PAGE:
After analyzing all of the relevant provisions of the documents forming the subject matter of this case, we find no clear answer to the question of whether the concrete structures are considered part of the malls, and thus under HOA's control, or whether they are part of the garages, and thereby the responsibility of the individual associations. Therefore, in order to determine what is considered a mall we must discover the intent of the parties as evidenced by the HOA Declaration.
Carl Sandburg Village was designed as an independent, self-sufficient community. Paragraph 3.03 of the HOA Declaration provides as follows:
"Every Owner of a Dwelling Unit on the Premises or the Related Property and each Owner of Adjacent Property shall have the right and easement of use and enjoyment in, to and of the Community Facilities . . ., which right and easement shall include but not be limited to easements for pedestrian and vehicular ingress and egress and use of open spaces and other Community Facilities."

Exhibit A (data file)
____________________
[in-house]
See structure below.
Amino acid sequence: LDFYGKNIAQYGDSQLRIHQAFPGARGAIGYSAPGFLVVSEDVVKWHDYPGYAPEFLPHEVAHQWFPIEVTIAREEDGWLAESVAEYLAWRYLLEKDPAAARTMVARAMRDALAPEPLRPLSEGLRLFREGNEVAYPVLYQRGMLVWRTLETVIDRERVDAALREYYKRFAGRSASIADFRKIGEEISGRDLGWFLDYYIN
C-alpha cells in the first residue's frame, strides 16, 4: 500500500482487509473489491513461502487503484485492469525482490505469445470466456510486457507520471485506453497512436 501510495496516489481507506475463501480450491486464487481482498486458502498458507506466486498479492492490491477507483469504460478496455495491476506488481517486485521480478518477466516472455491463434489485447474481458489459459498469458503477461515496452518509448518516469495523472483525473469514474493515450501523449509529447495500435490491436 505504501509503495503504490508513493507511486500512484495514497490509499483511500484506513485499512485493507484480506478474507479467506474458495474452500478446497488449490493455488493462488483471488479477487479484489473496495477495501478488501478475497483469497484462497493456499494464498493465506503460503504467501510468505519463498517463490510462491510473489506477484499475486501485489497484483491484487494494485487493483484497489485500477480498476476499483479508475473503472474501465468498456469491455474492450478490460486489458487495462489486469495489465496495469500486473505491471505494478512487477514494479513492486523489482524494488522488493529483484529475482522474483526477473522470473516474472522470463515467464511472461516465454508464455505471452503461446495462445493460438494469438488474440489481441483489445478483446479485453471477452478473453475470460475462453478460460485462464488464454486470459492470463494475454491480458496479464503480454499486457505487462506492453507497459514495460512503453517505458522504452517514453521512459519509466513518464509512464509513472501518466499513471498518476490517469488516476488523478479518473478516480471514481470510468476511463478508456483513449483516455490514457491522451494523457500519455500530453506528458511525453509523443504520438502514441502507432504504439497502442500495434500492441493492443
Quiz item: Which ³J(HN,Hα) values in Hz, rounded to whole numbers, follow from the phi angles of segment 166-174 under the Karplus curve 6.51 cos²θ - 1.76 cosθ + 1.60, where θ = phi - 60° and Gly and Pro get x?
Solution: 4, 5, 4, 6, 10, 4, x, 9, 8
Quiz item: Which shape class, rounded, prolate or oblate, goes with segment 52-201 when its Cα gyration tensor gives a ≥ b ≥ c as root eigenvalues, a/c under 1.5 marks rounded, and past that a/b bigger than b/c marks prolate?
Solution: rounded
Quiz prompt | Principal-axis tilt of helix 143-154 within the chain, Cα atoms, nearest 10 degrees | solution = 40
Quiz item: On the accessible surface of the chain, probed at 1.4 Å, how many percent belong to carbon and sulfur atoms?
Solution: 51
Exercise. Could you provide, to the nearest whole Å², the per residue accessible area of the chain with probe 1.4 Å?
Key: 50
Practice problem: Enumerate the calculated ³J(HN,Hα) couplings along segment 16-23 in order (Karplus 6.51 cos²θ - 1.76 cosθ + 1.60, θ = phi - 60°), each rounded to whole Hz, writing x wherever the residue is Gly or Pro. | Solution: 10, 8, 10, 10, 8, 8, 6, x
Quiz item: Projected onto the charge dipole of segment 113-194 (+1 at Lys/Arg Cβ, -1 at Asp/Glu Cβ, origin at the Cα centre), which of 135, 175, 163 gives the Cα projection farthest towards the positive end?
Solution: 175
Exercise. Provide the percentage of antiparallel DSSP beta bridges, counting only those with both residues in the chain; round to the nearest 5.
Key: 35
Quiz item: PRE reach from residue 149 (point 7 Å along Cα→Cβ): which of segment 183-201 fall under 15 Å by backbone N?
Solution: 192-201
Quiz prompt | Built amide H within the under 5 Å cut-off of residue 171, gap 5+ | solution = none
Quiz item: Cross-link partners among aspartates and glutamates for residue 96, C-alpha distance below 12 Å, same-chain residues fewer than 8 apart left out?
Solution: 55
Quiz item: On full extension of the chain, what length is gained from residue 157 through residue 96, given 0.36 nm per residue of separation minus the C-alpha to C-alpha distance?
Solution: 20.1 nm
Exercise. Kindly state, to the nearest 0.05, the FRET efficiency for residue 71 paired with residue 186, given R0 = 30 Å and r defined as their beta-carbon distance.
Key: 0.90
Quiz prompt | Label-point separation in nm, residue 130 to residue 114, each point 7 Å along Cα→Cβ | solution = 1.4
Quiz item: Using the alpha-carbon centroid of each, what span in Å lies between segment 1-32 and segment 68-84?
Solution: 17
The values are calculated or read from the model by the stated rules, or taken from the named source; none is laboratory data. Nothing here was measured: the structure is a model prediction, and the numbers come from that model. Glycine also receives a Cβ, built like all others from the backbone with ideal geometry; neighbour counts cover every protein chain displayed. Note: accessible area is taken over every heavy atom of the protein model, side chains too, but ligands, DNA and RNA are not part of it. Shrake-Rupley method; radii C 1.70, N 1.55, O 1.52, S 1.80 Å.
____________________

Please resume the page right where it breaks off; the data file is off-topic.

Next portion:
Therefore, the HOA Declaration demonstrates the intent that the community facilities be used by, and be available to, all residents of the Village, and not to just the residents of an individual association where certain of these facilities happen to be located. Since all residents are entitled to use of the facilities, it seems reasonable that all residents, as represented by the HOA, should have the corollary responsibility to maintain them.
Accordingly, this court holds that the concrete structures in dispute are under the dominion of the HOA. The circuit court properly concluded that the concrete structures are to be administered and maintained by the HOA, while the floors and walls of the parking garages are to be controlled and repaired by the individual associations.